Cajun Prairie once occupied 2.5 million acres in southwest Louisiana but has been reduced to less than 150 acres in detached narrow strips along railroad rights of way. This ecosystem is considered one of the most threatened in Louisiana. A project to restore a ten acre plot of Cajun Prairie began in 1988 in Eunice, Louisiana at the corner of Martin Luther King Drive and East Magnolia. Volunteers used only local seeds and plugs collected from nearby remnants so this prairie is as Cajun as can be.
Today, this site is considered the best example of Cajun Prairie and one of the best examples of prairie restoration in the area. From the grasses like big blue stem or switch grass to forbs like blazing stars, hairy sunflowers, or yellow false indigo, you will realize that this is a well established and flourishing prairie.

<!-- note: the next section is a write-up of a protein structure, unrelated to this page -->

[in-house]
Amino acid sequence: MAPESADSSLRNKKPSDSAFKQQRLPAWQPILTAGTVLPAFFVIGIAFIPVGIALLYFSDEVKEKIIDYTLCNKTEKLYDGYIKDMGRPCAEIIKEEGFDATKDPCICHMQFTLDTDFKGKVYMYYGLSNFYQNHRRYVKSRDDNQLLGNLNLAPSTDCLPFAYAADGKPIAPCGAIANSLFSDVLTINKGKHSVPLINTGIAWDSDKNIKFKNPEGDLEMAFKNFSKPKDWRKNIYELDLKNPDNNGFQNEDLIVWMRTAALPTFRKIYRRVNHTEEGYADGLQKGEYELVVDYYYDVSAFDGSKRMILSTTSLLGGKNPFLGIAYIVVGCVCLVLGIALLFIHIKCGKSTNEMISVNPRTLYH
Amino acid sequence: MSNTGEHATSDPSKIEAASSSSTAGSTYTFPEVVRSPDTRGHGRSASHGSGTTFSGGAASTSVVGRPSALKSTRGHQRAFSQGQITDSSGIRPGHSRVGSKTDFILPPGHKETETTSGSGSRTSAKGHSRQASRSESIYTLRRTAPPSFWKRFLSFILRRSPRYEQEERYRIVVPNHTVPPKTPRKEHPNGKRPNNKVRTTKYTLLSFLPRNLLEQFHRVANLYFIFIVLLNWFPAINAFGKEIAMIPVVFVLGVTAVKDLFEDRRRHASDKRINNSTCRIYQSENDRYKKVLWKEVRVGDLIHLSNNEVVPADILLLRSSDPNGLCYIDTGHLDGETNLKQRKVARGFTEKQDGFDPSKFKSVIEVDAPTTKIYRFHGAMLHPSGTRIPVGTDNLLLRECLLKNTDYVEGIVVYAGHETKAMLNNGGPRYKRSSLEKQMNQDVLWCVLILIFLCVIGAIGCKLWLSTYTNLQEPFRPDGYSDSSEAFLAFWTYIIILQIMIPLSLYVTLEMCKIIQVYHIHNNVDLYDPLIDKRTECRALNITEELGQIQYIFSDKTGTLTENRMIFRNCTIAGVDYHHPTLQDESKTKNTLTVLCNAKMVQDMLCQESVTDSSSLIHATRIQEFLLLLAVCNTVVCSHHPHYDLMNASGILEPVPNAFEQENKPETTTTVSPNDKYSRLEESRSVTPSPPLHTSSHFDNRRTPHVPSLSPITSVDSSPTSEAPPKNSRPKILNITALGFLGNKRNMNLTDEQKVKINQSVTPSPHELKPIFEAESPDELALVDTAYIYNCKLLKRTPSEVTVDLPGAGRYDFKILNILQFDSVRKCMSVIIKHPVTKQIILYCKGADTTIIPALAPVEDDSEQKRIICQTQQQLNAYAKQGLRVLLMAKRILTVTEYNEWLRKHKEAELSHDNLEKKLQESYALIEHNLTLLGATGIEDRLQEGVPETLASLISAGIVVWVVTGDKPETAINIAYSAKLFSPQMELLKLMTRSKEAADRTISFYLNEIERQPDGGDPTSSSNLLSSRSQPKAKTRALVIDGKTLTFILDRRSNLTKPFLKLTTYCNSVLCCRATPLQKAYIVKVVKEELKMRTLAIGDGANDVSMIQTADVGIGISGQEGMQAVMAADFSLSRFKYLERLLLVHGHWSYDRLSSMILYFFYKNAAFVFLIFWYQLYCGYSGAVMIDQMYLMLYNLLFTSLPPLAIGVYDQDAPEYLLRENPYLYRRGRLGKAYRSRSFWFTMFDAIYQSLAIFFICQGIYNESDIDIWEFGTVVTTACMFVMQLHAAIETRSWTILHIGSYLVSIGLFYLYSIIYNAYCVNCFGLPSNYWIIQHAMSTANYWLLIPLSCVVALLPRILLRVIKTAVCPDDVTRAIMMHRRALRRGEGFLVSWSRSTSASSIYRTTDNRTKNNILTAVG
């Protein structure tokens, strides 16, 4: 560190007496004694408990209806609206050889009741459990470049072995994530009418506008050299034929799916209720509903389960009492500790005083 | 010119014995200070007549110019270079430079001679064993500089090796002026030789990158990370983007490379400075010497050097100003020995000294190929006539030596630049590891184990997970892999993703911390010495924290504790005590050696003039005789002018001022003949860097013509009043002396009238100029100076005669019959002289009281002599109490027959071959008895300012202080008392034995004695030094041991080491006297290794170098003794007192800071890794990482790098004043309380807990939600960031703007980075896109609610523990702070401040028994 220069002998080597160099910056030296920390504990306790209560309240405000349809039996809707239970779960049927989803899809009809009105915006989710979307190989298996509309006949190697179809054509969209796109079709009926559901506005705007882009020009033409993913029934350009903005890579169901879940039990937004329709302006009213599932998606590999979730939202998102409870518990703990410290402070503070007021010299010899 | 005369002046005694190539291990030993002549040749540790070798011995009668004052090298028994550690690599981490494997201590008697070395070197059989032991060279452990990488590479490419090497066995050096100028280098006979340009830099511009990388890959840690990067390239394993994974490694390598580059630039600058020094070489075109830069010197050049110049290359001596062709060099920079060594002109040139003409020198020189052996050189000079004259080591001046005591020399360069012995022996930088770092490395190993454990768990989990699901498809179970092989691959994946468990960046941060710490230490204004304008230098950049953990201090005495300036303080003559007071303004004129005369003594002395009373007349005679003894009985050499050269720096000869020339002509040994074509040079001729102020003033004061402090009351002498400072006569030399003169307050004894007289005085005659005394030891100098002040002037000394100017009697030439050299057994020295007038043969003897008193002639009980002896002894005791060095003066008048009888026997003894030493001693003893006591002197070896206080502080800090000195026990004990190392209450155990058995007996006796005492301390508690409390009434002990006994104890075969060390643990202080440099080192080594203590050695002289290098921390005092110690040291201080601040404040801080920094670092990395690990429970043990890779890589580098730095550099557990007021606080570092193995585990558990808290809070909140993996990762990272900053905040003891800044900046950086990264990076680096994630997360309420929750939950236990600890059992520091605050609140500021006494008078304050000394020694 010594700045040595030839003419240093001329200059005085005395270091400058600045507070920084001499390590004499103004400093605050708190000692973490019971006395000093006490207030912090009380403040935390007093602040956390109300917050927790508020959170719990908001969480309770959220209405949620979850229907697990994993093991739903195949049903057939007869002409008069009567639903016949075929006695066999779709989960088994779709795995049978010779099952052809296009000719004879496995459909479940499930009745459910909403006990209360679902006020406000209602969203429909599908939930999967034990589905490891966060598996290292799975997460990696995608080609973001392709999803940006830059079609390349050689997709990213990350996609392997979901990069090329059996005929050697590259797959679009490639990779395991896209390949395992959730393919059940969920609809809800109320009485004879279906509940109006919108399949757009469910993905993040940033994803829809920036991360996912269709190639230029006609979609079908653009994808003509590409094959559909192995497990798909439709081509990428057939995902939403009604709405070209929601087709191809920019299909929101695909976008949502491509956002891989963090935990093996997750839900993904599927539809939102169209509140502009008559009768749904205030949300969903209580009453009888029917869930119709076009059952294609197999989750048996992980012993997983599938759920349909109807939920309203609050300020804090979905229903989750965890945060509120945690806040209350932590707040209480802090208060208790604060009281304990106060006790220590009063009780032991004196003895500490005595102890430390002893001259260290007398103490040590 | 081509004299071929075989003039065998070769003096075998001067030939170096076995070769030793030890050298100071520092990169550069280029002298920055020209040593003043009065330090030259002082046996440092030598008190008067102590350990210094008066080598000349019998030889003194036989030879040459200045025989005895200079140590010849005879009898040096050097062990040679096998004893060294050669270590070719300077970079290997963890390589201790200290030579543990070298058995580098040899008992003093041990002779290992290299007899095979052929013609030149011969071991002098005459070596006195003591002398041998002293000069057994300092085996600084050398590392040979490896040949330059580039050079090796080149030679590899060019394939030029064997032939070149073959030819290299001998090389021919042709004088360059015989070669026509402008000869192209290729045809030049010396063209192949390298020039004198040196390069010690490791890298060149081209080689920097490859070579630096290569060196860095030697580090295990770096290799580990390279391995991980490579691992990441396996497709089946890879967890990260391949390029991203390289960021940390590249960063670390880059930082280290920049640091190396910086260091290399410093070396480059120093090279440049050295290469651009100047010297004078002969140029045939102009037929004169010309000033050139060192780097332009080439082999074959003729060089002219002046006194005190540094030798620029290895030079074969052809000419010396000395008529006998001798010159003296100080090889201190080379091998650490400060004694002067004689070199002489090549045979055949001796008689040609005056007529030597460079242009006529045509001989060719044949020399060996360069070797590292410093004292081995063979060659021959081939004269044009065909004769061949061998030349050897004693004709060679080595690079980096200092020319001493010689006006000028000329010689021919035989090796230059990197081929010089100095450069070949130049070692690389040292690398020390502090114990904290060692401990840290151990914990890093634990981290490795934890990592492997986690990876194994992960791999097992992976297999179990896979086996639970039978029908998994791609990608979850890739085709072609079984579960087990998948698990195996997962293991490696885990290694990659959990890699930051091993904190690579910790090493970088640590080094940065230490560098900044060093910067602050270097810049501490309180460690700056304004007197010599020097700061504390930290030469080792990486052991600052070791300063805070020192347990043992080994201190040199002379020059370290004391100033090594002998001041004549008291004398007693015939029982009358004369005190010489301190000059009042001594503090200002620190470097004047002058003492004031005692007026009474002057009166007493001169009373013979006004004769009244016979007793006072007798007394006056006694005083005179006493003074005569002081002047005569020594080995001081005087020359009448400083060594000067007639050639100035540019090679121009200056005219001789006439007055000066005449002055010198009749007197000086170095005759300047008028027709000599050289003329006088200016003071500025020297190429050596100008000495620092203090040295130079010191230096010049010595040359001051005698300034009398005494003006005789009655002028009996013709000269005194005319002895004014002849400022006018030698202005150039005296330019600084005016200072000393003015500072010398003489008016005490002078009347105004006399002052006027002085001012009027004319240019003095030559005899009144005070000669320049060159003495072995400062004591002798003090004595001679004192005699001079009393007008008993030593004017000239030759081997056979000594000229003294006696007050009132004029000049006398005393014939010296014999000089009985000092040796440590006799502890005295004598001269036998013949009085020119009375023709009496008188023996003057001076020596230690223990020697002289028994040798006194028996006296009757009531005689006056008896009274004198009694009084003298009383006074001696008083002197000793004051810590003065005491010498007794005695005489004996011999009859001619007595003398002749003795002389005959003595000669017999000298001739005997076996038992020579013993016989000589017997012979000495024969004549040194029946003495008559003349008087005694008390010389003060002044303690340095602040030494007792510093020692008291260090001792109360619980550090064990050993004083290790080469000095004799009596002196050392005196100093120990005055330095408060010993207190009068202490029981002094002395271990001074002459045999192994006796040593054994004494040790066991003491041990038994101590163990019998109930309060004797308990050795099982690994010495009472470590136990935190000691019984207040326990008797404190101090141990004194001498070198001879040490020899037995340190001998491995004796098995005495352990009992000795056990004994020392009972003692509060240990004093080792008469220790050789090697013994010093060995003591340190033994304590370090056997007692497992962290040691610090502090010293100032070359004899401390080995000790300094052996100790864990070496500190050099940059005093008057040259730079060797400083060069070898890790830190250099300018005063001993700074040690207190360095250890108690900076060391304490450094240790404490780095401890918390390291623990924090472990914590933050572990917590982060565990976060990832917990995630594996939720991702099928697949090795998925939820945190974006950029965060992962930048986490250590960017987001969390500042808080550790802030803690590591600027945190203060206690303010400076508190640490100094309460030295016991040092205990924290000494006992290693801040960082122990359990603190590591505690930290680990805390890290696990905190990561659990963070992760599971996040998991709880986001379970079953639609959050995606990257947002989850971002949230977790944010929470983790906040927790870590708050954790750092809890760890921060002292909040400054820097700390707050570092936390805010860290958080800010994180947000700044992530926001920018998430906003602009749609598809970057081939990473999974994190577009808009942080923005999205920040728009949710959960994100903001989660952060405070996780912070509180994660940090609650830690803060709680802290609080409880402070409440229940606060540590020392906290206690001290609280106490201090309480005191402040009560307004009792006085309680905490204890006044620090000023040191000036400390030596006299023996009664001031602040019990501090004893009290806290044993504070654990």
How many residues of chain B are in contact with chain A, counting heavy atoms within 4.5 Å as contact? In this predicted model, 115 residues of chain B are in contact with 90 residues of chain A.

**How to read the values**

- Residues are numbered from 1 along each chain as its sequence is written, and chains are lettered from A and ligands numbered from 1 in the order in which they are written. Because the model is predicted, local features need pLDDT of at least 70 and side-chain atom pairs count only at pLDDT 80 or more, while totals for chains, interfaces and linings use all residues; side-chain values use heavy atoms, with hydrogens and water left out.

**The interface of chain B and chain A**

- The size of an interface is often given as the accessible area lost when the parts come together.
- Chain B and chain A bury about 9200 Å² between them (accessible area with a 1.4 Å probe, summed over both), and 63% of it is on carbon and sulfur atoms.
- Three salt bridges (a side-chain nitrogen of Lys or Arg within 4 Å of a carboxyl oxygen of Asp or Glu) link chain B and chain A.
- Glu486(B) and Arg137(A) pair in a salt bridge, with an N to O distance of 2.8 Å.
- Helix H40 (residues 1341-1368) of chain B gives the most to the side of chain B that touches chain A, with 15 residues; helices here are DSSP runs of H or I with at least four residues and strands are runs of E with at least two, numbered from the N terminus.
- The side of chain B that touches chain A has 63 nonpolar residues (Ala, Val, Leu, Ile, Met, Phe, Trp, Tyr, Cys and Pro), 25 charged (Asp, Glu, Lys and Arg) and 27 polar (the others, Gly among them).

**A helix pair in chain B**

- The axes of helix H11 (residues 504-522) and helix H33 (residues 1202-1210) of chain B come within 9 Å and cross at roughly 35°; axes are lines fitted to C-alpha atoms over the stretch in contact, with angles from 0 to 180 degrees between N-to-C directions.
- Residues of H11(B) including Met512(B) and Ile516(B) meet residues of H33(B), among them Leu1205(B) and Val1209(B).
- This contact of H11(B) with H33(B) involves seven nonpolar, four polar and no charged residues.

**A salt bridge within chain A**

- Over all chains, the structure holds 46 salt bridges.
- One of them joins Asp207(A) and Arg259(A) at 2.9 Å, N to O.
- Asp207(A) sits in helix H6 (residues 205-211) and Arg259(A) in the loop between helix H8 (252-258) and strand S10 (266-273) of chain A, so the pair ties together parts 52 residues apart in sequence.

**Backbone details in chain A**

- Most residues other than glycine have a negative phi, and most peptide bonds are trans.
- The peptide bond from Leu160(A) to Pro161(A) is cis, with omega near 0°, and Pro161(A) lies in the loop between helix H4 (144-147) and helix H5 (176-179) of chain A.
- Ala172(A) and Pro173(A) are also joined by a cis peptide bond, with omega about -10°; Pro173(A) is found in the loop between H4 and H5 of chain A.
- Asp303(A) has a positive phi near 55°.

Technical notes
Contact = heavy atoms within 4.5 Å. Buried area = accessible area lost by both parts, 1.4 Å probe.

When you visit the Eunice Cajun Prairie Site, you can view this restored ecosystem from paved trails. Signs along the trails will help you identify some of the 300 plus species of native Cajun Prairie species that call this ten acre site their home. Throughout the year, you will find plants in flower but especially from March to October. A paved parking lot and a covered shelter for picnics make the site great for adults and school groups with lesson plans available on request.
The Cajun Prairie Habitat Preservation Society is a non-profit organization, associated with the site. Their goal is to ensure the survival of prairie flora.